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Formula for calculating distance traveled with uniform acceleration 
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#1
Dec2111, 08:03 PM

P: 8

I had to calculate the distance a car traveled in a given time given its starting speed and acceleration.
Would this formula x=Vo.t+ (VfVo)/2.t Where Vf= a.t +Vo Be correct? 


#2
Dec2111, 08:18 PM

PF Gold
P: 7,120

Sure, that works, although the standard formula is typically just given as [itex]x = x_0 + v_0 t + {{1}\over{2}}at^2[/itex] which you could solve using what you have



#3
Dec2211, 05:28 AM

P: 8

I am having some problems figuring how opperators affect different types of numbers. like m/s^2 by s would be m/s and m/s^2 divided by s would be m/s^3 what should I search for explanations on how and why this works?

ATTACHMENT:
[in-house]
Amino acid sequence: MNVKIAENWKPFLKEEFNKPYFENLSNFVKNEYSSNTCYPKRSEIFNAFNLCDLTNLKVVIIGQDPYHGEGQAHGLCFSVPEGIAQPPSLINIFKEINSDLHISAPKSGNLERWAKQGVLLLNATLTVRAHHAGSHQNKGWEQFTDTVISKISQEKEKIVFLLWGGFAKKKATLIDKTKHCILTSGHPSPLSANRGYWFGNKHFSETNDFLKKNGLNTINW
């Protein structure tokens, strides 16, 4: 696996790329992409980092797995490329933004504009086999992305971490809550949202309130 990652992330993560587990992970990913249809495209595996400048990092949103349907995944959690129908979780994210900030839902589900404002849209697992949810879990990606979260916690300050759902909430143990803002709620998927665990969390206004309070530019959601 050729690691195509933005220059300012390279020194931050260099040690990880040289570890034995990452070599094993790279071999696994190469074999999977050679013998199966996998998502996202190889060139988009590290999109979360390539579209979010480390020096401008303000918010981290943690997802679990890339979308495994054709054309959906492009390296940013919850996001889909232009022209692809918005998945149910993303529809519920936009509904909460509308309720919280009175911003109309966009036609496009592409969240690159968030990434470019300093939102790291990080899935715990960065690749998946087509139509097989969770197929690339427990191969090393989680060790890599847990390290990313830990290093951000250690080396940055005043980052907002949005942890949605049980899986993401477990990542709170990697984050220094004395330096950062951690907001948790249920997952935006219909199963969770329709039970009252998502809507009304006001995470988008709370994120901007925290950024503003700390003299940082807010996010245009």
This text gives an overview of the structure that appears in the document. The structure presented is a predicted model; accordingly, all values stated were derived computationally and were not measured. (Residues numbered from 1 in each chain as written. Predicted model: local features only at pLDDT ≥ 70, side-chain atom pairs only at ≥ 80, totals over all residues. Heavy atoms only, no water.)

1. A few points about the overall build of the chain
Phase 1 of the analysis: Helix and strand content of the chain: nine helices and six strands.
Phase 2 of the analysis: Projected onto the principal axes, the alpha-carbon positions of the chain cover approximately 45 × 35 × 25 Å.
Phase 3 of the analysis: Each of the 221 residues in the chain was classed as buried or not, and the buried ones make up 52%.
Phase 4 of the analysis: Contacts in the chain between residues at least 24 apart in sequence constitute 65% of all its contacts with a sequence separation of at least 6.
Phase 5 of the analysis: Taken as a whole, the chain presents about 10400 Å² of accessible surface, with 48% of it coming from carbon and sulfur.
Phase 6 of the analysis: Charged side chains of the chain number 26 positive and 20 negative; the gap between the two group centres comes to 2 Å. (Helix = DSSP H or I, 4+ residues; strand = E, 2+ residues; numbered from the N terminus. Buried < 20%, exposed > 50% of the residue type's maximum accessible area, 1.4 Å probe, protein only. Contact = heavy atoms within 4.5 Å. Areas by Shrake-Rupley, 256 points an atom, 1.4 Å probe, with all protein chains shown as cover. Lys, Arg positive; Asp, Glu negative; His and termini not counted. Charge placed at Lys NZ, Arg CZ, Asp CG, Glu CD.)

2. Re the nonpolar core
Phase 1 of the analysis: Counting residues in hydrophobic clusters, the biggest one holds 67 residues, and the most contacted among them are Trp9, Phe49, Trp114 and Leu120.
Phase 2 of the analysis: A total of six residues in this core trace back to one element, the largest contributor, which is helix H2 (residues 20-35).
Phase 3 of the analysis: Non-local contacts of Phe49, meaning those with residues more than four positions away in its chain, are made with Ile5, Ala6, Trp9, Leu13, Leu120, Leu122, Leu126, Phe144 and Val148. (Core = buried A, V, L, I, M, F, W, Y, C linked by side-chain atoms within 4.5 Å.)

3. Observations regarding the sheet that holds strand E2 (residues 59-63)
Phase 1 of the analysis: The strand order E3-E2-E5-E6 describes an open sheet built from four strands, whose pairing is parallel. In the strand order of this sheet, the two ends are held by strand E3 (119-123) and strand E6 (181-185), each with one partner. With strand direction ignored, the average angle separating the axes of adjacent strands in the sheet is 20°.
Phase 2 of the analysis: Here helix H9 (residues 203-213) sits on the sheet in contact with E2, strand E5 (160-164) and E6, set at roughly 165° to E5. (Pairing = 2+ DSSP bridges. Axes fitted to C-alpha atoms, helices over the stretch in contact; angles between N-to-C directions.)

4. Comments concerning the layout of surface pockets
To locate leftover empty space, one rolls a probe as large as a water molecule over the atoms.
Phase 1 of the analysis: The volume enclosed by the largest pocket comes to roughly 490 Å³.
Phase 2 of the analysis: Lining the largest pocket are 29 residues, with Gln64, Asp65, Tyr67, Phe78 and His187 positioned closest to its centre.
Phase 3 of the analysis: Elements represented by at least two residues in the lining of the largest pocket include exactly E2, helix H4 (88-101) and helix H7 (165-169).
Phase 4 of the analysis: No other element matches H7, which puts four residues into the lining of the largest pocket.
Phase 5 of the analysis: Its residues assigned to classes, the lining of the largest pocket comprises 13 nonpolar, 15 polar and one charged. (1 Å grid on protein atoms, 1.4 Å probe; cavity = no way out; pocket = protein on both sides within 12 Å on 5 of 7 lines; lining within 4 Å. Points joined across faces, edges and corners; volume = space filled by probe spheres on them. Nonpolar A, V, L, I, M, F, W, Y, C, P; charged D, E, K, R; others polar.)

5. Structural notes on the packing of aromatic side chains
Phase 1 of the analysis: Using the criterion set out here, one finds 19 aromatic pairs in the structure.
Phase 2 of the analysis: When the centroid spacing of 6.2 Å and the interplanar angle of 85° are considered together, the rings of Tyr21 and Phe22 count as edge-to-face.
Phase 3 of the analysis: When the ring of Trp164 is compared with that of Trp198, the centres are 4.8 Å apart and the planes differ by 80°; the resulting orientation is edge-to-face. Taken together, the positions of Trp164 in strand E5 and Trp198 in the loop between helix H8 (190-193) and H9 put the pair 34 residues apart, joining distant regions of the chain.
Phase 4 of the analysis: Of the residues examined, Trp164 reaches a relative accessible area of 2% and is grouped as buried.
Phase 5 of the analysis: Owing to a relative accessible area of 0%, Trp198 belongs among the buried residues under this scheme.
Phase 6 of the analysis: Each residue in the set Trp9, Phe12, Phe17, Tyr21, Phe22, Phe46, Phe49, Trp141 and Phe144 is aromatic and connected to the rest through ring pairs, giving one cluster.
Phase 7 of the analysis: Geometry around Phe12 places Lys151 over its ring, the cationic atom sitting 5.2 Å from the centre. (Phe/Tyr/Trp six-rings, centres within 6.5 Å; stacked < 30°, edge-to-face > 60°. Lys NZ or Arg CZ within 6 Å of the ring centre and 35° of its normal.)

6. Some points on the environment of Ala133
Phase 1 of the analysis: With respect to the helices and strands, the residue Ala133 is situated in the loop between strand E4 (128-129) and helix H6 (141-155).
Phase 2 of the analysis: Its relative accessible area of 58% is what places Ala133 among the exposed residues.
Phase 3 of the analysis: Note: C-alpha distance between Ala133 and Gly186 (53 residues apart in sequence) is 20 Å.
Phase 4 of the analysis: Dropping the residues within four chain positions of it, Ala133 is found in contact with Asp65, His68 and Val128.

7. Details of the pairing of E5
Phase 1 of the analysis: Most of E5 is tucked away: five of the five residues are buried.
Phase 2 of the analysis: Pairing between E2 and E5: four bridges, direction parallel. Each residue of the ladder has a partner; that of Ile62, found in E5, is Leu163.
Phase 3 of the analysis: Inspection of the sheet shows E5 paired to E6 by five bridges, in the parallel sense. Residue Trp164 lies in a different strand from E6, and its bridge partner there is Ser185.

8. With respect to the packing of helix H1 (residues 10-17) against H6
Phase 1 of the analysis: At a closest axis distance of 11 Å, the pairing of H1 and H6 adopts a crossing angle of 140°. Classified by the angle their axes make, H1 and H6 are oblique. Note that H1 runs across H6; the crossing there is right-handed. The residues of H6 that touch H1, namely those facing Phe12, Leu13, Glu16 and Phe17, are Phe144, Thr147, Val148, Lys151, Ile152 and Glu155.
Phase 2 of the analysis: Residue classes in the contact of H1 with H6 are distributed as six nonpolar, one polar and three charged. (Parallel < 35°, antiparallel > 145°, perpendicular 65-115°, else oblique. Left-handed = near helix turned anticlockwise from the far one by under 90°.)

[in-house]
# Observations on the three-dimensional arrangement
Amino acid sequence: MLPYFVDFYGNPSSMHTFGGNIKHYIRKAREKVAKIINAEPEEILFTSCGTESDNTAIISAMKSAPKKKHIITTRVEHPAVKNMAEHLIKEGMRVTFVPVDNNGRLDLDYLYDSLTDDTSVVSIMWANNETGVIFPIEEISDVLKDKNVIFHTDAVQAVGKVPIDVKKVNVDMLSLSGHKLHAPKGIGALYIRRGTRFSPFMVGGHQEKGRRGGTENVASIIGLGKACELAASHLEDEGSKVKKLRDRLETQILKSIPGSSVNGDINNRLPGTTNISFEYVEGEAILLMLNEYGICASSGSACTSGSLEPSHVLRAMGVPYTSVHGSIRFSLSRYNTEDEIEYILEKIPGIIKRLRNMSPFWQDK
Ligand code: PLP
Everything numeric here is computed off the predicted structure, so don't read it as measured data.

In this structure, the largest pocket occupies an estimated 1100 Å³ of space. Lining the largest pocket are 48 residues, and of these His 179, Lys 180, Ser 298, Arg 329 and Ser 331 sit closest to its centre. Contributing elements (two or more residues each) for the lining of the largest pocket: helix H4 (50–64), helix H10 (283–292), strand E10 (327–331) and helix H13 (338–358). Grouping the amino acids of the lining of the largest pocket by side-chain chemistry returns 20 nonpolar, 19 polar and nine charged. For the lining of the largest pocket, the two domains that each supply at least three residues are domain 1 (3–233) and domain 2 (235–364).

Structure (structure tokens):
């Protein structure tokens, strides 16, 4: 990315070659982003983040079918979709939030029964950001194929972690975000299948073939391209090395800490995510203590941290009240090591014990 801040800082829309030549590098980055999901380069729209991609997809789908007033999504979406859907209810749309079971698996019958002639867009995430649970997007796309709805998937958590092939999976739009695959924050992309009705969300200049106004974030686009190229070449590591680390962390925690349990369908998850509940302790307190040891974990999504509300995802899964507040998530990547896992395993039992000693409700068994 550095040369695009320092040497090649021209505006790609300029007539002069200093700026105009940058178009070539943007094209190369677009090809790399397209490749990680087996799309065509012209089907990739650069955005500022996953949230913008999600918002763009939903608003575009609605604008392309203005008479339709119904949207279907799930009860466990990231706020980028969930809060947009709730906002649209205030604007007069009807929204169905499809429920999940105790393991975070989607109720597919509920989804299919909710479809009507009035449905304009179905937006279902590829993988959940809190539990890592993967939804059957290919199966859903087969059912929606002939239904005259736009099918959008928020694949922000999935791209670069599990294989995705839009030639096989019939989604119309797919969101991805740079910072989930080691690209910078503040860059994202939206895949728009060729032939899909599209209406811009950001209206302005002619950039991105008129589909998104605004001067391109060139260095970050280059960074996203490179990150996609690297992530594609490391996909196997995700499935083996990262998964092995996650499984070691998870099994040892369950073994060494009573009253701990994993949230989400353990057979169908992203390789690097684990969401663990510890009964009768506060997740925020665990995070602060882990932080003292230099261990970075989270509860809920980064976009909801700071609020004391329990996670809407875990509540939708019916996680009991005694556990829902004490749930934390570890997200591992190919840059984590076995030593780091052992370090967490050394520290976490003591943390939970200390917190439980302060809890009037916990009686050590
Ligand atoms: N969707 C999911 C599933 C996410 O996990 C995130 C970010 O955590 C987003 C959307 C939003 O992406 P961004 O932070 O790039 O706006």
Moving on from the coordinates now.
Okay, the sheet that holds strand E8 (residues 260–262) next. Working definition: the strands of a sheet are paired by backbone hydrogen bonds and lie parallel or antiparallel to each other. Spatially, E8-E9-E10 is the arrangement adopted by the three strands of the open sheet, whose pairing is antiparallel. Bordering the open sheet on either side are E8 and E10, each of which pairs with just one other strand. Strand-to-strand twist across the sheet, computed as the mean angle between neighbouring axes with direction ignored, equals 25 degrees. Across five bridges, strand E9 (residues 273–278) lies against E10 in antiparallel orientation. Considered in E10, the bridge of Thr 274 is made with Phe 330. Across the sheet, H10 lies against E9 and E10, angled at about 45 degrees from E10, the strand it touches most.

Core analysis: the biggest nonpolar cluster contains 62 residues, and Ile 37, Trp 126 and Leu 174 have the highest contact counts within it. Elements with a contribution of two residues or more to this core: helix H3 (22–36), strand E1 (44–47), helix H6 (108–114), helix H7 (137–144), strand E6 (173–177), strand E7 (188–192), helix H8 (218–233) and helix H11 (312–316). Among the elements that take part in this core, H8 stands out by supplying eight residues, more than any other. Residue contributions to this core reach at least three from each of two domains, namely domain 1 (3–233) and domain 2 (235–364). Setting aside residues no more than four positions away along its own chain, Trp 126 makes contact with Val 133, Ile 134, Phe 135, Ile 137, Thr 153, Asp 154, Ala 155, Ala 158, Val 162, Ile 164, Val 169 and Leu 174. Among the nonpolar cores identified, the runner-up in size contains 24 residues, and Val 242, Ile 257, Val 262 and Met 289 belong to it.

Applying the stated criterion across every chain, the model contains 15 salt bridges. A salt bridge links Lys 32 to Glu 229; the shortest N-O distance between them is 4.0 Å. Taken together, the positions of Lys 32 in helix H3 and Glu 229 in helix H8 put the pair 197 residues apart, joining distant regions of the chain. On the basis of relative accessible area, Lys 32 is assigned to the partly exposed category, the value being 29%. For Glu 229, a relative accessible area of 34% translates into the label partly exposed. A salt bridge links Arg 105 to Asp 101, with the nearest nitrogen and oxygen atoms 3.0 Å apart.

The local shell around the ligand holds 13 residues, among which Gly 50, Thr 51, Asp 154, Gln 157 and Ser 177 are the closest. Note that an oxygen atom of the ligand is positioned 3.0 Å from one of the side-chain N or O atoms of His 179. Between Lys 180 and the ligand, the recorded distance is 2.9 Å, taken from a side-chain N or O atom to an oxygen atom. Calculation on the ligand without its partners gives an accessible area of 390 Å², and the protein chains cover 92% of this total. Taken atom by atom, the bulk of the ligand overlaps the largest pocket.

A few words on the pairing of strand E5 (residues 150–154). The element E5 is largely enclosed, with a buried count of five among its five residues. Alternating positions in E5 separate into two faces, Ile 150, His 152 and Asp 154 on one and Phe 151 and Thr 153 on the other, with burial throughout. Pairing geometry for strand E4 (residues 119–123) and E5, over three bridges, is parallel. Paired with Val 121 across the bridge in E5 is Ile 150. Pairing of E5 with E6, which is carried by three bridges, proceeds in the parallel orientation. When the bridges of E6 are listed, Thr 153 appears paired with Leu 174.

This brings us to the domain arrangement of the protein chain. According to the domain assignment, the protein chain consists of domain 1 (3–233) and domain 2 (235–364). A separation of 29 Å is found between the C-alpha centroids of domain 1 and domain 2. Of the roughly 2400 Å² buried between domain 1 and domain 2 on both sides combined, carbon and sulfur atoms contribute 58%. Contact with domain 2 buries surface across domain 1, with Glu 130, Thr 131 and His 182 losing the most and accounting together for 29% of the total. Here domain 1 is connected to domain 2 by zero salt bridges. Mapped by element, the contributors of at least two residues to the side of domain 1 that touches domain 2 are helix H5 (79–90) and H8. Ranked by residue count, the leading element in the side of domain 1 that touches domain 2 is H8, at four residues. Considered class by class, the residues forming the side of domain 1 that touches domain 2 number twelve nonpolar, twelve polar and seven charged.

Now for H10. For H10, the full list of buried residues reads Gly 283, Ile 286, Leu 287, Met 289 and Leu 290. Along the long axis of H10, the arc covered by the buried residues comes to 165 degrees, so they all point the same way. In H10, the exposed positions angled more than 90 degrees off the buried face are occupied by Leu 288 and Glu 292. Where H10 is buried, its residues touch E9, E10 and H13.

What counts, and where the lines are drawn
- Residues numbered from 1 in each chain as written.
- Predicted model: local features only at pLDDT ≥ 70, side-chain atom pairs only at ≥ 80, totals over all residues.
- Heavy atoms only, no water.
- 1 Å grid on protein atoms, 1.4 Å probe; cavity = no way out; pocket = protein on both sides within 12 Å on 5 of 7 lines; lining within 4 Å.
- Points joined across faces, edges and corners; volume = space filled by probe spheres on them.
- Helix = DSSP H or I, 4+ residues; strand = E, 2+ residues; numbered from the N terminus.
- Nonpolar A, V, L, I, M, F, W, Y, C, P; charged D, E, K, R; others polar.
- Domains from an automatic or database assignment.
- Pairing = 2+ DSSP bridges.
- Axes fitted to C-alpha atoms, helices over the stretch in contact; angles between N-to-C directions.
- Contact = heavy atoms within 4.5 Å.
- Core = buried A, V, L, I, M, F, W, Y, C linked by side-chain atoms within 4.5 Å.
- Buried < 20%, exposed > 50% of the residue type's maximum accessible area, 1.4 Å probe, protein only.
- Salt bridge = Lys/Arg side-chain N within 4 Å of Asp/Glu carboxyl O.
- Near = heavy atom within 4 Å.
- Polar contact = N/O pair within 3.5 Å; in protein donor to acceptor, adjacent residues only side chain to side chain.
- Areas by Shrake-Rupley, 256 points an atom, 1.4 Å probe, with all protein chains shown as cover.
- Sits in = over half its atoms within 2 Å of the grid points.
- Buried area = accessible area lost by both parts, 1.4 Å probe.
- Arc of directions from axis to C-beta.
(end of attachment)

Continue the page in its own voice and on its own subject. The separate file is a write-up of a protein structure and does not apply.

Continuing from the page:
#4
Dec2211, 10:59 AM

P: 1,135

Formula for calculating distance traveled with uniform acceleration



#5
Dec2211, 11:14 AM

P: 1,195




#6
Dec2211, 11:23 AM

P: 1,135




#7
Dec2211, 08:42 PM

P: 7

Yes, the way i think of it is as almost an equation in itself as this means you can handle the units algebraically and include any factors of magnitude (such as kilo).



#8
Dec2211, 09:16 PM

PF Gold
P: 7,120

If for example, you created a rule such that when 2 values multiplied each other, the units would exponentiate each other, you wouldn't be able to create a consistent way of doing physics. So say you wanted a position = velocity * time, [itex] x = vt [/itex], but made the units work out like [itex] [position] = [meters/second]^{[second]}[/itex], you wouldn't be able to create a consistent system where you could move between times, energies, positions, accelerations, etc. in a consistent manner (or I really really really doubt you could). Plus, with this example in mind, you'd clearly realize somethings wrong because our physical idea of "positions" are measured as a length in meters or feet or whatever. 


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